Elizabeth Duncan Koontz Humanitarian Awards puts the selfless in the spotlight

Published 12:10 am Saturday, June 1, 2024

SALISBURY — Elizabeth Duncan Koontz was a pioneer in civil rights and in the field of education. Being the first Black president of the National Education Association and director of the United States Department of Labor Women’s Bureau, Koontz called Salisbury home during her 69 years of life.

To commemorate her mark on history, the Human Relations Commission, the same organization Koontz helped re-establish in 1985, puts together the Elizabeth Duncan Koontz Humanitarian Awards every year to acknowledge the individuals who continue to keep the ideals she stood for alive.

On May 30, at the Salisbury Civic Center, the commission held their 2024 ceremony to bestow Edward and Susan Norvell, Emily Perry, Jason Walser, and David Whisenant with this year’s Elizabeth Duncan Koontz Humanitarian Awards. 

“We thought about the impact and how it related specifically to Elizabeth Duncan Koontz and her work with advocacy, with creating spaces of belonging, and equity in the community. We used those as the pillars in how we selected the recipients,” Human Relations Commission Chair Christina Rary said.

Edward and Susan Norvell serve on countless local boards and commissions such as the Proctor Foundation, Racial Equity Rowan Committee and the Salisbury Public Art Commission. While Susan was unable to attend Edward shared the importance of the award to them as Salisbury residents. 

“I was kind of blown away…It means a lot,” Edward said.

Perry’s list of accomplishments encompass forming the Healthy Carolinas program, working as a state health education consultant, and being an adjunct professor of social work at Rowan-Cabarrus Community College and Shaw University. Through her time with Mission House of Salisbury, she leads “grassroots efforts to educate citizens about the election process.”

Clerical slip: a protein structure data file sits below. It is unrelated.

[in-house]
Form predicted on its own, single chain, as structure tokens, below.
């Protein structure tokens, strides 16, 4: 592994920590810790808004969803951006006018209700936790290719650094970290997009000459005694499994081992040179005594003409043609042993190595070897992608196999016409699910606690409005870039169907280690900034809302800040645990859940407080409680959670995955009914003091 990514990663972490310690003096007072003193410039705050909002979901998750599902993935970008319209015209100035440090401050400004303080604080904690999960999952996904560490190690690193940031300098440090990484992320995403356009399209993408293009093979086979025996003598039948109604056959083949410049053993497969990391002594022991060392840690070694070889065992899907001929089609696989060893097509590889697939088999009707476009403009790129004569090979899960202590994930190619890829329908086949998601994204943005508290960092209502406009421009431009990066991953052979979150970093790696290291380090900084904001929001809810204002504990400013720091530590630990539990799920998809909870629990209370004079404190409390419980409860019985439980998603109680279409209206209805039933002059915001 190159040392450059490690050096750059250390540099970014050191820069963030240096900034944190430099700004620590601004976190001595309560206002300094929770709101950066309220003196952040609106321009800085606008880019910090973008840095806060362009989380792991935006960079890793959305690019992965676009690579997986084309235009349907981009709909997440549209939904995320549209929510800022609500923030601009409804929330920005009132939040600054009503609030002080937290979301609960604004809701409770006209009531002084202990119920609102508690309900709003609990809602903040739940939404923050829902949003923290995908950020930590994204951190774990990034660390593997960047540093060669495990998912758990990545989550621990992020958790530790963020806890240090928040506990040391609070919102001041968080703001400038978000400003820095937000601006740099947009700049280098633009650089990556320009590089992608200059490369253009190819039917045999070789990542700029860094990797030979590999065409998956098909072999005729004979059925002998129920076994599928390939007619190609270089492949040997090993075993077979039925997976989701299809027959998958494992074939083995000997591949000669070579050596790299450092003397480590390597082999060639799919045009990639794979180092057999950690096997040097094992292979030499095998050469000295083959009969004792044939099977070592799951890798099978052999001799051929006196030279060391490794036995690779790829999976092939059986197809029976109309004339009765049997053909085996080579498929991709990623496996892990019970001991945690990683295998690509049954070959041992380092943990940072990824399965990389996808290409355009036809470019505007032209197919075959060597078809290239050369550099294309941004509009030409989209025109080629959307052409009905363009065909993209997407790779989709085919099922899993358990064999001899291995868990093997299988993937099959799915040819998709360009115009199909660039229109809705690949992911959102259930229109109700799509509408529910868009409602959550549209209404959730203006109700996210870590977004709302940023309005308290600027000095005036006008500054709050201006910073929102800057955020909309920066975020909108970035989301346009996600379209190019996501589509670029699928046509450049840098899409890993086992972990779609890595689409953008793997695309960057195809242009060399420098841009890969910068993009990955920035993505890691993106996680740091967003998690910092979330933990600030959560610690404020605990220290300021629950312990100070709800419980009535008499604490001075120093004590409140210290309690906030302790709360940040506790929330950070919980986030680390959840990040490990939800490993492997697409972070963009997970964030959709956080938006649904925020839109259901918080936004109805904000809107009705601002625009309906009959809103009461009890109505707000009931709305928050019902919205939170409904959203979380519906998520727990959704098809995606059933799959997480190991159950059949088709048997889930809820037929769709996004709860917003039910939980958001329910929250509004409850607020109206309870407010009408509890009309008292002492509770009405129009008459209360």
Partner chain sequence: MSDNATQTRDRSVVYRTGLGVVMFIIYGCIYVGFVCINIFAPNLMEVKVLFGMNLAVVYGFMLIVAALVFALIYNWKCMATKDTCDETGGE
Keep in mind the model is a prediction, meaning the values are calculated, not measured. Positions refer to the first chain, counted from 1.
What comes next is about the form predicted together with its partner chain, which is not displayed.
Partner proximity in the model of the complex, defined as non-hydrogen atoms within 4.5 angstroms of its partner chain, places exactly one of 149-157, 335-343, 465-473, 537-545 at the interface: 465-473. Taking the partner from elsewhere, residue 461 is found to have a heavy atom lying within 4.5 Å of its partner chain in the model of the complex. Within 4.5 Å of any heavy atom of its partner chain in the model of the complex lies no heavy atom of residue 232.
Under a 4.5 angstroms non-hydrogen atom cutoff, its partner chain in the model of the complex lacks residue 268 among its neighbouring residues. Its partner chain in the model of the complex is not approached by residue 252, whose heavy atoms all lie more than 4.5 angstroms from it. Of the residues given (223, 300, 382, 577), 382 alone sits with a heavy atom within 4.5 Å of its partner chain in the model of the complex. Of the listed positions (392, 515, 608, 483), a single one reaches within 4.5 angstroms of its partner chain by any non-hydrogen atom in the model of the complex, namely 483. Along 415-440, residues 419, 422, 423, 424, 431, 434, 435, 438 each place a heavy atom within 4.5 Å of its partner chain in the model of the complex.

Winning the award was extra personal for Perry, she said Koontz hired her uncle back in the day for a summer job filling up the Blacks-only pool in Salisbury. Now after so much time has passed, Perry is in disbelief of how far she’s come. 

“I don’t think words can quite describe it…It was exhilarating, yet nostalgic because of so much growing up here and coming back here to try and make a difference,” Perry said. 

As executive director of the Blanche and Julian Robertson Family Foundation, Walser ensures nonprofits receive proper investing to allow them to succeed in their goals. He also was instrumental in the development of Bell Tower Green Park. Walser said he was floored with having his name be alongside all of the award winners that came before him. 

“I was aware of some of the past award winners and some of them are my heroes. I do not use that word lightly, they are heroes. To be in that group of people, to be associated with this group of leaders is remarkable. It’s an honor of a lifetime,” Walser said. 

For 32 years, Whisenant was a reporter at WBTV who always had his finger on Rowan County’s pulse. The Emmy winner covered a wide range of stories from presidential elections to NASCAR races to the Erica Parsons disappearance. Though he too could not make it to the ceremony, his son Kyle read a prepared statement from his father.

“I want to thank you for this honor. Over the years, I’ve covered these awards and have written news stories about the award recipients. To be included among them this year is very humbling. Congratulations to my fellow recipients and thank you again. This award means more to me than I can tell you,” Whisenant said.